|Path Labs||CTools||Lab Instructors||ImageScope||Histology Normals||Histology Site||M1 Histopathology|
Respiratory Laboratory 1:
Reading Assignments (Robbins: Pathologic Basis of Disease, 8th)
|8th Edition||7th Edition|
|716||719 - 720||752||755 - 756|
|368 - 372||384 - 385||383 - 386||399 - 400|
|680 - 682||456 - 458||715 - 716||399 - 400|
|710 - 714||747 - 751||781 - 783|
An 83-year old man presents with an acute myocardial infarction and dies before intervention is performed. At autopsy, the pleural surfaces of both lungs were fibrotic. The cut surfaces of the lungs manifested diffuse fibrosis with extensive “honeycombing.” The hilar lymph nodes were not enlarged. When examining this slide, notice that many of the alveolar walls contain more nuclei than usual and that there are detached fragments of alveolar septa. Small deposits of anthracotic pigment are also evident. Many of the alveolar septa are thickened by fibrosis. Within these areas of fibrosis are golden brown beaded or “knobby” structures.
A 27 year old man presents for long-term follow up of a chronic medical disease to the pulmonology clinic. He has experienced cough productive of sputum since the age of two. He felt well until two years prior to this presentation, when he developed increasing shortness of breath and decreased energy. He has also experienced pancreatic insufficiency over the past several years. Eventually, he undergoes bilateral lung transplantation. These sections are taken from those explants
A 47 year old woman with a history of emphysema was admitted to the hospital with 2 weeks of shortness of breath. An initial chest x-ray was concerning for left upper lobe pneumonia. She was treated with antibiotics, but her oxygenation became progressively worse. She was eventually intubated, and evaluated for ECMO. Despite intensive management, the patient became increasingly hypoxemic and died. This section is prepared from autopsy material.
A 62-year old man sought medical attention because of increasing shortness of breath. He had a long history of mild exertional dyspnea and a minimal cough productive of small amounts of mucoid sputum. He had lost some weight and appeared distressed. His lower intercostal spaces retracted with each inspiration. The patient had a long history of cigarette smoking. He underwent lung volume reduction surgery to treat his symptoms.
A 24-year old man presented to the emergency room with dyspnea, cough, and wheezing. He previously had numerous similar episodes, usually triggered or exacerbated by exposure to cold air, physical activity, and exposure to cats and birds. Physical examination revealed wheezing prominent in both phases of respiration. Despite intensive therapy, the patient died from respiratory failure.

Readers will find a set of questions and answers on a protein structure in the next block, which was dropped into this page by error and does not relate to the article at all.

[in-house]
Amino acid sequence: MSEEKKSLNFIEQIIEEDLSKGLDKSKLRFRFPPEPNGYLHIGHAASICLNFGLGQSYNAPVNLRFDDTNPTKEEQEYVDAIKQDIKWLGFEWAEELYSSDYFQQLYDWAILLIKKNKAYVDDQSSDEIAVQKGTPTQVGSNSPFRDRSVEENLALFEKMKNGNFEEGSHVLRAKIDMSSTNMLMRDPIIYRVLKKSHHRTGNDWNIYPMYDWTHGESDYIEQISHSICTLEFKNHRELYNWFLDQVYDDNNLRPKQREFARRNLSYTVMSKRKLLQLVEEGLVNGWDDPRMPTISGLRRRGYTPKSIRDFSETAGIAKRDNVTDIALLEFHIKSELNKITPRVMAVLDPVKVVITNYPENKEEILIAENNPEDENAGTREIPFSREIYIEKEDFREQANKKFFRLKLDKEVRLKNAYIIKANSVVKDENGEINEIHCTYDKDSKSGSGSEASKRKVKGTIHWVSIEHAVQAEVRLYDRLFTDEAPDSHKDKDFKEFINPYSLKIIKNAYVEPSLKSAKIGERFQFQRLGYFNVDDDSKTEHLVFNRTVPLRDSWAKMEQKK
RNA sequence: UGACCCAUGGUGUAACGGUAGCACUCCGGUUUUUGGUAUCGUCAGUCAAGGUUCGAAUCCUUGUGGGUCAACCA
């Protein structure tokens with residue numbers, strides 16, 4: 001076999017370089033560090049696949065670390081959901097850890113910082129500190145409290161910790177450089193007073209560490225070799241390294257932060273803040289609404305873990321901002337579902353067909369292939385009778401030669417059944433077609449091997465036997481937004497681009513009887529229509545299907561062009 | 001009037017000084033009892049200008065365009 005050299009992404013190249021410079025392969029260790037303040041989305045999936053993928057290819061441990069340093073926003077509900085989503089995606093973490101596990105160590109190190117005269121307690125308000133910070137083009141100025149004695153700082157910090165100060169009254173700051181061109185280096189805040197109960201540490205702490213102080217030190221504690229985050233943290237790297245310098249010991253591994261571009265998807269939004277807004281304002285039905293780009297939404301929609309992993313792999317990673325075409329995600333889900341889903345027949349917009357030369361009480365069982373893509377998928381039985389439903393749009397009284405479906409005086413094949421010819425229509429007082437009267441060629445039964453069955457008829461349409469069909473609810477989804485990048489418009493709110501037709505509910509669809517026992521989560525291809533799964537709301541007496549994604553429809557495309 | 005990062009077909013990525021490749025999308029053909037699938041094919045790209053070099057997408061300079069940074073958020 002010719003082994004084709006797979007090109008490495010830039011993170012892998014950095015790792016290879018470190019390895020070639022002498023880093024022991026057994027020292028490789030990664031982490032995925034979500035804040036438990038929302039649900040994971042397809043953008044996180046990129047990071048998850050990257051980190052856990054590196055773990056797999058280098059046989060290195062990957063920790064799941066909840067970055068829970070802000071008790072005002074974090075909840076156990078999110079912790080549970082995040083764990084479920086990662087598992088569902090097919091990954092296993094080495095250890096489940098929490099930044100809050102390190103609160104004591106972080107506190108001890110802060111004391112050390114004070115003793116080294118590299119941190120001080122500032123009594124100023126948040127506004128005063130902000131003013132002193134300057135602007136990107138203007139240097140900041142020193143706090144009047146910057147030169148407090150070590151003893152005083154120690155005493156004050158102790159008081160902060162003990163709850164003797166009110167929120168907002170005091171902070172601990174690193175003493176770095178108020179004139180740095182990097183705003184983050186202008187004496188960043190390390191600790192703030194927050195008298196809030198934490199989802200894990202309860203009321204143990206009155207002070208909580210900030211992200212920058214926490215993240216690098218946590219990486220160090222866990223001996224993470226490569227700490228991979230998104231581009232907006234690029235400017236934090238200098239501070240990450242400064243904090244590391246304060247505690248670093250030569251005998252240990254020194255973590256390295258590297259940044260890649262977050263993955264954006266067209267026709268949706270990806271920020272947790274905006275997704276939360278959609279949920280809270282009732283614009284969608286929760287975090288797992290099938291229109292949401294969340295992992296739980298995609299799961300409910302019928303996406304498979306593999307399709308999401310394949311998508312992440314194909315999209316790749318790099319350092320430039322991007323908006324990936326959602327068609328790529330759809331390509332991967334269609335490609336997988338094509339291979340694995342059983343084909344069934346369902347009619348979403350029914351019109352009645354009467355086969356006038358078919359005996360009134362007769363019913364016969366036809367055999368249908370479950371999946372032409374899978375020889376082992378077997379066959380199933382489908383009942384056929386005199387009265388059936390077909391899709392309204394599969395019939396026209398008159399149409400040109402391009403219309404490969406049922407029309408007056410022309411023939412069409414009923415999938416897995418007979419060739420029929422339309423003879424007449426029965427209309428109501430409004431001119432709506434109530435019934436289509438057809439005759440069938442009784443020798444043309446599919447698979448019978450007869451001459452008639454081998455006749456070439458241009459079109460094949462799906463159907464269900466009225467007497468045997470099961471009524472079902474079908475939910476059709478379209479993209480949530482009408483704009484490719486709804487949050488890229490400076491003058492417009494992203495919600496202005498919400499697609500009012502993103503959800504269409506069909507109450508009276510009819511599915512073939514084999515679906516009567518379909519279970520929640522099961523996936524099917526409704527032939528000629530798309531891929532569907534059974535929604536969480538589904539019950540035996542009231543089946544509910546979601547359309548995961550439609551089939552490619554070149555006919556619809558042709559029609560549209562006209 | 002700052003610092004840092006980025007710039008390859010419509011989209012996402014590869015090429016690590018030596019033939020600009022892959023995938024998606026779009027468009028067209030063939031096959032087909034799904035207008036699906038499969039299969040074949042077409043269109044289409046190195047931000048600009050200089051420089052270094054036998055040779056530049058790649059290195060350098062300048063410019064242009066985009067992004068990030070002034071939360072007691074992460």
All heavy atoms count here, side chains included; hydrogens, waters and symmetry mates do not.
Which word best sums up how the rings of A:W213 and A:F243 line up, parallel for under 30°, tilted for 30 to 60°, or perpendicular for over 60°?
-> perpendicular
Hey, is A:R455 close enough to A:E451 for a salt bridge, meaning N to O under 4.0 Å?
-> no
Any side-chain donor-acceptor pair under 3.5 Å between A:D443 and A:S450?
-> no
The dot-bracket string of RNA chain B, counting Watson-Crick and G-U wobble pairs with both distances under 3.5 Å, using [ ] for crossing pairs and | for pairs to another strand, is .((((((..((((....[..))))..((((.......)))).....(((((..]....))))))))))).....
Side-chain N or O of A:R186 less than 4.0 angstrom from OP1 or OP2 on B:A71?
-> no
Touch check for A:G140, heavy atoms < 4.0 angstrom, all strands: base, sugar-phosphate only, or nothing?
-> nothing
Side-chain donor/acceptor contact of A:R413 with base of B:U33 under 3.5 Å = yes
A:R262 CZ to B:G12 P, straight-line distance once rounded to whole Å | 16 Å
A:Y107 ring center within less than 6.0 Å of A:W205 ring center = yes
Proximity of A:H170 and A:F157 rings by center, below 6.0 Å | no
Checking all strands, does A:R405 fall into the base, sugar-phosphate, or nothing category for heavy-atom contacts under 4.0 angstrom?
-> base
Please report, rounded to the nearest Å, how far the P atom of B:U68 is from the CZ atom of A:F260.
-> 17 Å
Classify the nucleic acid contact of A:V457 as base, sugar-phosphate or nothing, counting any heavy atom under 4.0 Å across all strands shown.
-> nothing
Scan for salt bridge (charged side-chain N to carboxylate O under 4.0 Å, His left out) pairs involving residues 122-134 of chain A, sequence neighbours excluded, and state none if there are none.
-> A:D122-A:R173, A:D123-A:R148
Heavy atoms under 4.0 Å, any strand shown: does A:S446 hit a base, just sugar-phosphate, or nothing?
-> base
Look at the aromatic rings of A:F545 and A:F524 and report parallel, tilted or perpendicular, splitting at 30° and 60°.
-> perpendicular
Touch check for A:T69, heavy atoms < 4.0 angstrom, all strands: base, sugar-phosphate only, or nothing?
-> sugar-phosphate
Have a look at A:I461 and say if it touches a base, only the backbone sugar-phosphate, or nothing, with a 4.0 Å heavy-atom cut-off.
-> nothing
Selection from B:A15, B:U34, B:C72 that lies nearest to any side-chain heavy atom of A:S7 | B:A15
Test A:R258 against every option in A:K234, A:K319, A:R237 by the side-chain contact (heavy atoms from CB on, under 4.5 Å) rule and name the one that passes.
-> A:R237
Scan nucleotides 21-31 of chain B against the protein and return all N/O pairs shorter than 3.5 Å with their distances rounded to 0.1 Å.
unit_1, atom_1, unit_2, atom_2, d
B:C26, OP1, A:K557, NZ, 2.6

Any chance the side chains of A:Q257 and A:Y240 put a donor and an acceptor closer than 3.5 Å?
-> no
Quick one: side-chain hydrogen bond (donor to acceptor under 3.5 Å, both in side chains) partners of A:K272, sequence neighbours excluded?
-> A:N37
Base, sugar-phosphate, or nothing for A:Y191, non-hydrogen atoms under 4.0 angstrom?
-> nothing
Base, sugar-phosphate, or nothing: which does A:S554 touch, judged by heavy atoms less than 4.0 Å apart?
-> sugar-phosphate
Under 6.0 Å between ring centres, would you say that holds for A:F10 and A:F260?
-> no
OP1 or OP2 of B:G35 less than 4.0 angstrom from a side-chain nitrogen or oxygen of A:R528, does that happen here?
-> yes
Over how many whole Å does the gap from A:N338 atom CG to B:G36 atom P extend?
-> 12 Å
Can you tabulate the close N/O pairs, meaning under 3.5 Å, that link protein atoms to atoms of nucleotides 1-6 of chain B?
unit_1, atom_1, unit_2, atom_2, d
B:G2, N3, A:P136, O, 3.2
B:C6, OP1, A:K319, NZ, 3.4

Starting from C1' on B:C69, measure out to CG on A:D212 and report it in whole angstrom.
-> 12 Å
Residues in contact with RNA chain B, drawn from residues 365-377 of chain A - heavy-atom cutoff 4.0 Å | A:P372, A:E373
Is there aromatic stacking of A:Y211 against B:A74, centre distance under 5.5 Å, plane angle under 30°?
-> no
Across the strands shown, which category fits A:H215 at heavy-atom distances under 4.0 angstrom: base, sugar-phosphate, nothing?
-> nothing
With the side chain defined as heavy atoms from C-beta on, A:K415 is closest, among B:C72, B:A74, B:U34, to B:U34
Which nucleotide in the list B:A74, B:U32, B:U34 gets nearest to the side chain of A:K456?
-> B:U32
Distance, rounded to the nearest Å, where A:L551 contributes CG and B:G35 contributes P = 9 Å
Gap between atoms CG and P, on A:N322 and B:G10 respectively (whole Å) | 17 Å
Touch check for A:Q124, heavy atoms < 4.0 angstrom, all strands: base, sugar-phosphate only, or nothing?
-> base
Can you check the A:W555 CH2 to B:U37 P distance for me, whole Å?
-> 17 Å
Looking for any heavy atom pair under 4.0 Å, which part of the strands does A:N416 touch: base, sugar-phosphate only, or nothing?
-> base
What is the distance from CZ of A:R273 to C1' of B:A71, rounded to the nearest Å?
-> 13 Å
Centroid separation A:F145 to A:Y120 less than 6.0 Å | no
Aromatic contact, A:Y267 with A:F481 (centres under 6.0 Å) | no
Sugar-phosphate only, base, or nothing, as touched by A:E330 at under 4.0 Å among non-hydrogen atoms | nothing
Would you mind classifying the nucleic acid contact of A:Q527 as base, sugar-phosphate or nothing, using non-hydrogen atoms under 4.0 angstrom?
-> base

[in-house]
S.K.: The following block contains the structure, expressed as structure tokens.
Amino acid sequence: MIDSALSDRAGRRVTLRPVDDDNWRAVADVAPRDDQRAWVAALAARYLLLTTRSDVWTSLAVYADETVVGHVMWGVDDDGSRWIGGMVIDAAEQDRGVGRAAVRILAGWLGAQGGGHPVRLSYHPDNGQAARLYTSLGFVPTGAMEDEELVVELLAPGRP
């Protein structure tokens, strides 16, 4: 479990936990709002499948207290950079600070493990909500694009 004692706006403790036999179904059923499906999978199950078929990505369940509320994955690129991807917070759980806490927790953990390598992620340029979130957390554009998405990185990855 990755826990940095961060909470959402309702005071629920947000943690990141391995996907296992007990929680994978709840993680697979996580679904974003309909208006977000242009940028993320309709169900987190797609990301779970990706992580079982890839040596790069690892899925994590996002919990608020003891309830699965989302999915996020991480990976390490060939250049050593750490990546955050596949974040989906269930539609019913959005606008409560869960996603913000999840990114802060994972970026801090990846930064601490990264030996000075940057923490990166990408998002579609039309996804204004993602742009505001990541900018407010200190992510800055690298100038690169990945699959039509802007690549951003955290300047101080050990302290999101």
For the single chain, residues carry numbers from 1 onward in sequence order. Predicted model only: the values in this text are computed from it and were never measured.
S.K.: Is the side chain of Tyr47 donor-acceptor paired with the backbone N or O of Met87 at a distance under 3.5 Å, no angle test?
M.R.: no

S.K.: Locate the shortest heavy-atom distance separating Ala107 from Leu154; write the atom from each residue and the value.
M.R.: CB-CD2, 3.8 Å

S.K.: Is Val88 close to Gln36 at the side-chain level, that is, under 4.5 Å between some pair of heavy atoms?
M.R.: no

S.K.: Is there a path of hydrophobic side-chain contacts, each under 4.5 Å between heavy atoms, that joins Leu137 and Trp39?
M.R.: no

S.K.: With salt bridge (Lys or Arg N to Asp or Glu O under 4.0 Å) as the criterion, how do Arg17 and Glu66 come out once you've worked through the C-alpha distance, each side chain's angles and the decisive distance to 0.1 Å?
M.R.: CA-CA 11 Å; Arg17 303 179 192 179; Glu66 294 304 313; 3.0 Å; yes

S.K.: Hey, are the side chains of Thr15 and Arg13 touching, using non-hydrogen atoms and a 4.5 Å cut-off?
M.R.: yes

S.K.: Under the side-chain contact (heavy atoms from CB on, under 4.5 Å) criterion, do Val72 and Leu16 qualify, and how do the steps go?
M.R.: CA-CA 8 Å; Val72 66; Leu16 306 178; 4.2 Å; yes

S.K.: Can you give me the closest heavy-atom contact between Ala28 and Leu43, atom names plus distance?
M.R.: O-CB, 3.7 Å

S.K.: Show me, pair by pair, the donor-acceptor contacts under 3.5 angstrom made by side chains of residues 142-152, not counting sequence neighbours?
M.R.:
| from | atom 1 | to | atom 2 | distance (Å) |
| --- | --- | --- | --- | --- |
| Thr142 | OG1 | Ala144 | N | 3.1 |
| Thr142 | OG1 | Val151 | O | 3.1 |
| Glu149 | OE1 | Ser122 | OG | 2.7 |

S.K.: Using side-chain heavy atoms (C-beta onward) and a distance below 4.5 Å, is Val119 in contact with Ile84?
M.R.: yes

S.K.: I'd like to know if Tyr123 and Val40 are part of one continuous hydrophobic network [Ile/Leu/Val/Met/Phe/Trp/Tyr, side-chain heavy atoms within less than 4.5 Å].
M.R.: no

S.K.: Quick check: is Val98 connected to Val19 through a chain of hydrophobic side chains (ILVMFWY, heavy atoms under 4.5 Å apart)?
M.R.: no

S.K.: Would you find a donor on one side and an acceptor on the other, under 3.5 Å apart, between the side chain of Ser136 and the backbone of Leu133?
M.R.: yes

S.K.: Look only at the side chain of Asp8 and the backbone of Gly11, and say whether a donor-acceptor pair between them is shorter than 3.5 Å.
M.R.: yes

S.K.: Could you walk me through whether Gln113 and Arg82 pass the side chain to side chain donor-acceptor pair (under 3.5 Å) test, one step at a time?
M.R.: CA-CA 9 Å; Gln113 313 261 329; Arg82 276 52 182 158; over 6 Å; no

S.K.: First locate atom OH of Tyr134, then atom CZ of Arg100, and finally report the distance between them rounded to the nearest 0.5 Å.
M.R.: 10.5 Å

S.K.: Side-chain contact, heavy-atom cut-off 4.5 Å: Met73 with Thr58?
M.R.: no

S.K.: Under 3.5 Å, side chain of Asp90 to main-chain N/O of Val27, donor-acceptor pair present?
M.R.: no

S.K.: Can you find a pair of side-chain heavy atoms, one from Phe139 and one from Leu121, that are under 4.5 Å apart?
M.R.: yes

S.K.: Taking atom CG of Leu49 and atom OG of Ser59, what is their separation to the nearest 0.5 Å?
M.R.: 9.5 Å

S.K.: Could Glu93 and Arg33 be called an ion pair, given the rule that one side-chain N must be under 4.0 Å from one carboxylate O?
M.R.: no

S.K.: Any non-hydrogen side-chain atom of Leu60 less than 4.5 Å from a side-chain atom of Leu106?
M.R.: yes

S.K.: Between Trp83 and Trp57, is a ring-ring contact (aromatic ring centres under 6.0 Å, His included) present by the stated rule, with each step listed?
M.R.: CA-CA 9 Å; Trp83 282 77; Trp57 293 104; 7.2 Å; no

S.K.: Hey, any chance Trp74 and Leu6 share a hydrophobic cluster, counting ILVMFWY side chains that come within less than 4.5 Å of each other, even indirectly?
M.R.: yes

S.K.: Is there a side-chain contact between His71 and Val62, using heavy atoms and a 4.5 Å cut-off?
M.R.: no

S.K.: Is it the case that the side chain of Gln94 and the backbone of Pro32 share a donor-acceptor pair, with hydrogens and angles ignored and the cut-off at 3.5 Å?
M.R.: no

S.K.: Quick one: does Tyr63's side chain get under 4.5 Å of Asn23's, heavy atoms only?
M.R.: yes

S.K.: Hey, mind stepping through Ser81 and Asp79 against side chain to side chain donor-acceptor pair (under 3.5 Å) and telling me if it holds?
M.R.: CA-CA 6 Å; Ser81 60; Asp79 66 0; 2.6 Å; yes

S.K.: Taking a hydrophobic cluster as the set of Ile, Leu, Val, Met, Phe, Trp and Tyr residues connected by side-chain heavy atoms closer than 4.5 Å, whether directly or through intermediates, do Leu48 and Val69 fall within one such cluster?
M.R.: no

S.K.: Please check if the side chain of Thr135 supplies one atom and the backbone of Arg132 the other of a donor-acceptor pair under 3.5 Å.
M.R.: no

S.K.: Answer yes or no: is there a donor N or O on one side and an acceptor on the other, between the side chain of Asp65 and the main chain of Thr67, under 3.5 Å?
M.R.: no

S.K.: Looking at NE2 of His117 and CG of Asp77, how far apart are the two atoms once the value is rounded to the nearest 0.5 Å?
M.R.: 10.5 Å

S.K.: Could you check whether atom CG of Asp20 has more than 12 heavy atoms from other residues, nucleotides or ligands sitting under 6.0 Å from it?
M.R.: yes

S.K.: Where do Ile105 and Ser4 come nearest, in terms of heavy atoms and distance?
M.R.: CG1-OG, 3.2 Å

A 43-year old man was admitted to the hospital because of fever, night sweats, weight loss, and headache. He had felt well until the fever developed, 15 days earlier. Further questioning elicited a 4 month history of night sweats, a 3 month history of arthralgias, a 2 week history of headache, and a recent weight loss of 4-5 kilograms. His past medical history was unremarkable. There were no risk factors for HIV infection. The patient was a native of Morocco and had immigrated to this country just 4 months prior to admission.
The patient was thin but not acutely ill. His lungs were clear and the heart sounds were normal. The neck was questionably stuff. A complete metabolic panel was normal, as was a complete blood count. A urinalysis revealed proteinuria and microscopic hematuria; pyuria was absent. A chest x-ray revealed calcified nodules throughout the lungs, and punctate areas of increased density that raised the possibility of infection, neoplasm, or chronic interstitial lung disease. A CT study of the lungs confirmed the presence of the radiographic abnormalities.
A lumbar puncture yielded slightly yellowish cerebrospinal fluid that contained neutrophils and lymphocytes. The glucose level was abnormally low and the total protein content was increased. A lung biopsy was performed.
At this point, your instructor will illustrate the pathologic features present in the biopsy sample.
The answers to the path lab questions will be posted approximately 48-72 hours after the lab sessions. These are abbreviated answers, not a full discussion of the topics. You can find them in the M2 CTools site resources. In the folder for each sequence the will be a folder called 'Path Lab Resources'